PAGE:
Too often we see a bad result and we mistake it for the problem. The result may be just a byproduct of a system that's not functioning, a flashing error warning to let you know that something has to change." - Henry Cloud

And I thought about the many christian leaders who are responding to the mass exodus of people from the institutional church by simply trying to plug the leak, instead of seeing it as a "flashing error warning" - seeing the loss of people as the problem, not a symptom of it.

Maybe it would be good if these people stopped to consider whether the system itself is the problem!

Maybe addressing the rampant abuse might help.

Maybe being honest and authentic (not 'pretend nice') might help.

Maybe dealing with conflict instead of silencing people might help.

Maybe changing the culture of arrogance and privilege might help.

Maybe embracing diversity might help.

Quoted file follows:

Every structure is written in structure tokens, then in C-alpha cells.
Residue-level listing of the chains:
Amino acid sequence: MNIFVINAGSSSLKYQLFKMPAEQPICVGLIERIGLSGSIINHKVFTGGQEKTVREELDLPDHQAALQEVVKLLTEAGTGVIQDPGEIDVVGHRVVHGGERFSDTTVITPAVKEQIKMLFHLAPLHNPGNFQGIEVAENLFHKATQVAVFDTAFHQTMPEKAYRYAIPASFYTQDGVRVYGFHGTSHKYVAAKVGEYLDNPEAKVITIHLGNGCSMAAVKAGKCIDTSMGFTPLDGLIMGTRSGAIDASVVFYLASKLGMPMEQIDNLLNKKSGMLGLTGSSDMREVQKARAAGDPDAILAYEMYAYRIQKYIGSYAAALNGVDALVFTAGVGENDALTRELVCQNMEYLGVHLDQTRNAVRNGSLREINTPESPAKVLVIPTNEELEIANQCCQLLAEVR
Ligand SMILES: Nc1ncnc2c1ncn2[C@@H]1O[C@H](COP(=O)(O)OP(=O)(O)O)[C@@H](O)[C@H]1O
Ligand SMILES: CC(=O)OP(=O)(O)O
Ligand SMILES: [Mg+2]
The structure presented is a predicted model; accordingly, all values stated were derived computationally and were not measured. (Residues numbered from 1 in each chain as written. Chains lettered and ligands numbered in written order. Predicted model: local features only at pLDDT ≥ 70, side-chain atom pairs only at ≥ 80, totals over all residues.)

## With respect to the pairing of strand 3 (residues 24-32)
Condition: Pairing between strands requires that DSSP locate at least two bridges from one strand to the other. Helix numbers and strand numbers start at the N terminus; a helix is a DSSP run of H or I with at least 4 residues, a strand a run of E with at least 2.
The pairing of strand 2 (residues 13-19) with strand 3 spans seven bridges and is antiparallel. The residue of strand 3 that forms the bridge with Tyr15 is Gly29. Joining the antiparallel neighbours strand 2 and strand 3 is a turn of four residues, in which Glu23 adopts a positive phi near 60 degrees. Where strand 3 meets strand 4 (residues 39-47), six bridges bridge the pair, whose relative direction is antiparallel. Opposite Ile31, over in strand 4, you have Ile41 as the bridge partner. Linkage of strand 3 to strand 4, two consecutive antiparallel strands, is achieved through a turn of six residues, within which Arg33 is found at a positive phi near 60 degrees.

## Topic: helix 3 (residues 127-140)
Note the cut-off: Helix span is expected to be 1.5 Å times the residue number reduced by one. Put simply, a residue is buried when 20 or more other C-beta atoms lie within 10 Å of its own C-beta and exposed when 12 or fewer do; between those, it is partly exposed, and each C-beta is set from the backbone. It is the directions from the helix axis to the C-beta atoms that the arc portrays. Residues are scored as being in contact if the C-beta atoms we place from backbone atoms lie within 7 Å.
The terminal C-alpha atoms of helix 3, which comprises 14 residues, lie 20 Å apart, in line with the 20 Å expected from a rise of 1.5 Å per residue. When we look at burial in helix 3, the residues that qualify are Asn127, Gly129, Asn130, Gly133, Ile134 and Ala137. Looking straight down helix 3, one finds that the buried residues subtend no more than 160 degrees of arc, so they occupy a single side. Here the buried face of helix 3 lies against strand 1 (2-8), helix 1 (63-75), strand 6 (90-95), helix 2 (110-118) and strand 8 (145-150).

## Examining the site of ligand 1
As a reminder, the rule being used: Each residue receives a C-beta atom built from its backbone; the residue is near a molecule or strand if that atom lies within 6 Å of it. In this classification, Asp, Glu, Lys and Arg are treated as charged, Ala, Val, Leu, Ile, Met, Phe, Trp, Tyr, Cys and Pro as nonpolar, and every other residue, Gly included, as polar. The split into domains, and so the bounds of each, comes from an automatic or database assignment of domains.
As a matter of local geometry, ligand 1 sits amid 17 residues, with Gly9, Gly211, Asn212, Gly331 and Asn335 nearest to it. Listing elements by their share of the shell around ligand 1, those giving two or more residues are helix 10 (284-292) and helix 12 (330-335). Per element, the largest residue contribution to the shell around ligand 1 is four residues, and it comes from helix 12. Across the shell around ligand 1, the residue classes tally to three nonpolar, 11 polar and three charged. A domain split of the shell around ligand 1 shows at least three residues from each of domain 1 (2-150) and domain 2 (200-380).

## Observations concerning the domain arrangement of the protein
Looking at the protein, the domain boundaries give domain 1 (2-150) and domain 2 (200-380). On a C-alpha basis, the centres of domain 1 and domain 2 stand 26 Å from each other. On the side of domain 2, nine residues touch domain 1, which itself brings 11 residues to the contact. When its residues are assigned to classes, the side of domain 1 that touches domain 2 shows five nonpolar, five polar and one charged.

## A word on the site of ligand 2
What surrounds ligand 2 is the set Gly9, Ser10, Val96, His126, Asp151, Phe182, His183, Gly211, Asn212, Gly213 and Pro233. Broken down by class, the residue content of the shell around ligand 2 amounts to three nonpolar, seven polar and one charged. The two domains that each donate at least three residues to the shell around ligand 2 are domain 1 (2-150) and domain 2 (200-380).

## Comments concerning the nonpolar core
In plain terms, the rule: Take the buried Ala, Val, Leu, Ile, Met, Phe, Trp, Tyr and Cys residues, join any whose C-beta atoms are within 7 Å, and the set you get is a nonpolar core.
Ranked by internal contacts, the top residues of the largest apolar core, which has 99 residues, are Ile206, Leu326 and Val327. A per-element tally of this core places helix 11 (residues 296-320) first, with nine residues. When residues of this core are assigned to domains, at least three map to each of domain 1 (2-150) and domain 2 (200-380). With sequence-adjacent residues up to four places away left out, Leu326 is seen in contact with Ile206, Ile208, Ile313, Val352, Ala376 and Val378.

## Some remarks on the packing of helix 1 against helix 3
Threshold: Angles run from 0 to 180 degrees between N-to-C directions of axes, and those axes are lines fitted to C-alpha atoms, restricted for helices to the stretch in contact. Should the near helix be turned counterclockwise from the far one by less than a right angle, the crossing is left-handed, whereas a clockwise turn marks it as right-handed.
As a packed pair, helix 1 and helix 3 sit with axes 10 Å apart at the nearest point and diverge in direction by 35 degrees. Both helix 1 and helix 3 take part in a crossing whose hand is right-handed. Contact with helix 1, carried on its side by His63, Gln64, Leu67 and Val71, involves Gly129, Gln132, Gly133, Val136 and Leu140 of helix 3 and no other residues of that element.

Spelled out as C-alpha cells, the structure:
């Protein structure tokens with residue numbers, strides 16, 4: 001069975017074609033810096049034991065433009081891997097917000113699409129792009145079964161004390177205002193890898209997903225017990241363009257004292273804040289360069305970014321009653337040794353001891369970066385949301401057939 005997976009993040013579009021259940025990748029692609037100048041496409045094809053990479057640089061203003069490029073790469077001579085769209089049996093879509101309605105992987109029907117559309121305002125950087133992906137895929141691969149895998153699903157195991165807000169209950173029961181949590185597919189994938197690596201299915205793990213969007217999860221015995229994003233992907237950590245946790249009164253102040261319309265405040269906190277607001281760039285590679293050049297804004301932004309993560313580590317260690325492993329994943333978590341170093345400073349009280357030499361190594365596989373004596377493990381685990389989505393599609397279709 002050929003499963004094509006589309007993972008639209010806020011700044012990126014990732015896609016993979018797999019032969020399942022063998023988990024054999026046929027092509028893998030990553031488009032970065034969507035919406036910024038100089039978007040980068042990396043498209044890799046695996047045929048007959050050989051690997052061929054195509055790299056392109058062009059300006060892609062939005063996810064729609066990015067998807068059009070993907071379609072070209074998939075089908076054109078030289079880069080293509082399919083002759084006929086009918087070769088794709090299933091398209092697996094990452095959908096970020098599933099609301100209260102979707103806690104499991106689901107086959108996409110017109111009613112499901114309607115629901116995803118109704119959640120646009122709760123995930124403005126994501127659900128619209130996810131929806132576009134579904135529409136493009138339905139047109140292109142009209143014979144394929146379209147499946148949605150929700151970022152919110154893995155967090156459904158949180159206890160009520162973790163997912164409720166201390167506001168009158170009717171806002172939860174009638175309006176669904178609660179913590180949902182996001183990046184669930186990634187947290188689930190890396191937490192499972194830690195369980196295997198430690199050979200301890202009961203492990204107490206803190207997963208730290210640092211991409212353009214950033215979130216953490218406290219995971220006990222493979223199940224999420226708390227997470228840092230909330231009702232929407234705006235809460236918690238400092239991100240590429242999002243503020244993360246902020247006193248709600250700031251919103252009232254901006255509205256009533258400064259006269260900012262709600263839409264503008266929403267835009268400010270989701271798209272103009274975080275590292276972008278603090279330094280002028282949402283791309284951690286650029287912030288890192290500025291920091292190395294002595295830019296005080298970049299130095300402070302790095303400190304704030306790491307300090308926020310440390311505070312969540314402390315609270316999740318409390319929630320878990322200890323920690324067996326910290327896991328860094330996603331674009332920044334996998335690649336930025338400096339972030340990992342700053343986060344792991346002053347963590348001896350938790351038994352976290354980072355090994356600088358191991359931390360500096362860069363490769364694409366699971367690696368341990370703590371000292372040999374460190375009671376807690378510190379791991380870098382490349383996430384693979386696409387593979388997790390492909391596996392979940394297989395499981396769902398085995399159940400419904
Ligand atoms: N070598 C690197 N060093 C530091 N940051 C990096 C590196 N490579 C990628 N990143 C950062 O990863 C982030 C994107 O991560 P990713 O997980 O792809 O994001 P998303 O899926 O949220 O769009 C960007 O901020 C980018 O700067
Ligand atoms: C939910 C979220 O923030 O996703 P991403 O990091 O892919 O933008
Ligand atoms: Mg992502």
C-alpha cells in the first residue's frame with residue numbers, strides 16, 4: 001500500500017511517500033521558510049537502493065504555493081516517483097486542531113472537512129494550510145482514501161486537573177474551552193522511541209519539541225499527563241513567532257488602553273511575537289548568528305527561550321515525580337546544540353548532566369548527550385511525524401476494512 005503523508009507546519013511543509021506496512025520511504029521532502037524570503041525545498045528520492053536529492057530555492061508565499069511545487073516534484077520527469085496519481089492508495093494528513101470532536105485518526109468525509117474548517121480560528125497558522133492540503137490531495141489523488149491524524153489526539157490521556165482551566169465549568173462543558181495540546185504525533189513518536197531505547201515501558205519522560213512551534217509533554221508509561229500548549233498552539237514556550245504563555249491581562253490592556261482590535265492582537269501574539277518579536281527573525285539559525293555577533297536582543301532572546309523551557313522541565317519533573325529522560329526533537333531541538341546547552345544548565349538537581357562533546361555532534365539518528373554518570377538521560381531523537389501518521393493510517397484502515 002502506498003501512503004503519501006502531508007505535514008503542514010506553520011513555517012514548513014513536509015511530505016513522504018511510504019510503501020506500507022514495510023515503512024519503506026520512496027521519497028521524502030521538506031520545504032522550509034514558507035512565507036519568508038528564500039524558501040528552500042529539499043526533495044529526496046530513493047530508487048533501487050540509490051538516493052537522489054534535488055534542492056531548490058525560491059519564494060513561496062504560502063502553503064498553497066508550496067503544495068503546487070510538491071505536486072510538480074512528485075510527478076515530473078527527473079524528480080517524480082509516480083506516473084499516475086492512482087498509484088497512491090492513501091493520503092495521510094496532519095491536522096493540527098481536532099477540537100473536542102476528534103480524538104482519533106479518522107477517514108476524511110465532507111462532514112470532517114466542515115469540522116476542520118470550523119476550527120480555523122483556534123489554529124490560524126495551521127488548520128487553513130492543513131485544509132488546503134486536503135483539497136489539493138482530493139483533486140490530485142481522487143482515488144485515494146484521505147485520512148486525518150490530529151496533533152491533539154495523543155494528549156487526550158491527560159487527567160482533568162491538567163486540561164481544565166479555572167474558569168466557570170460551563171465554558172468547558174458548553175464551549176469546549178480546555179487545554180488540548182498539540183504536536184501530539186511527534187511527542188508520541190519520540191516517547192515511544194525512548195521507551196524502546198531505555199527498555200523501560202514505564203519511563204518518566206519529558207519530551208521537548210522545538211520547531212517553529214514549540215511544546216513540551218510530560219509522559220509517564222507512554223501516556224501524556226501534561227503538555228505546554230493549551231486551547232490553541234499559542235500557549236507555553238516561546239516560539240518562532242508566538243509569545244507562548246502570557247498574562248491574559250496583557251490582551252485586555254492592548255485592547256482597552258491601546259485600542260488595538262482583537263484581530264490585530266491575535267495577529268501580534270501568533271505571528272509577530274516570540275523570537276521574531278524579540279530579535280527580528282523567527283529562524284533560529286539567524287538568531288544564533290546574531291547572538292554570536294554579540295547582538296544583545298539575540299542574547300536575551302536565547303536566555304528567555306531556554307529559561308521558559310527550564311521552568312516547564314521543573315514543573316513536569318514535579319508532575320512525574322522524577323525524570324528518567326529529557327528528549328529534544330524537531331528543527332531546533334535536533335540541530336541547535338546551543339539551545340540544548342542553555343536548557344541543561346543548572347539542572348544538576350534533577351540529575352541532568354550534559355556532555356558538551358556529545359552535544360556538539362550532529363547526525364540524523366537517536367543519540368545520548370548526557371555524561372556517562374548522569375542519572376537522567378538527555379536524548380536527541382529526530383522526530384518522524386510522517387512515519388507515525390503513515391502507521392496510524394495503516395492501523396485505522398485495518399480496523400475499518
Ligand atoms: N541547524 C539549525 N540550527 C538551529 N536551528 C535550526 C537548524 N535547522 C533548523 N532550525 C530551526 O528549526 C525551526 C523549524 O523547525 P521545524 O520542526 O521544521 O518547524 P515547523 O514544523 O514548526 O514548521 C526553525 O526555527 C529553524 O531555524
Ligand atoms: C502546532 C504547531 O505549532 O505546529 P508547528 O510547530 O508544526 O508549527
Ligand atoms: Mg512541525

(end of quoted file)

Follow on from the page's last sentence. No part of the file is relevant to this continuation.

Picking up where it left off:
Maybe 'leaders' living what they sell might help.

Maybe disabling the hierarchical structures might help.

Maybe abandoning the 'one man show' might help.

Maybe displaying the power of love rather than the love of power might help.

Maybe treating others like people not projects might help.

Maybe asking questions instead of enforcing answers might help.

Maybe dealing with our crap instead of blaming others might help.

Maybe representing Jesus accurately might help.

Maybe giving up the religious system and simply following Jesus might help.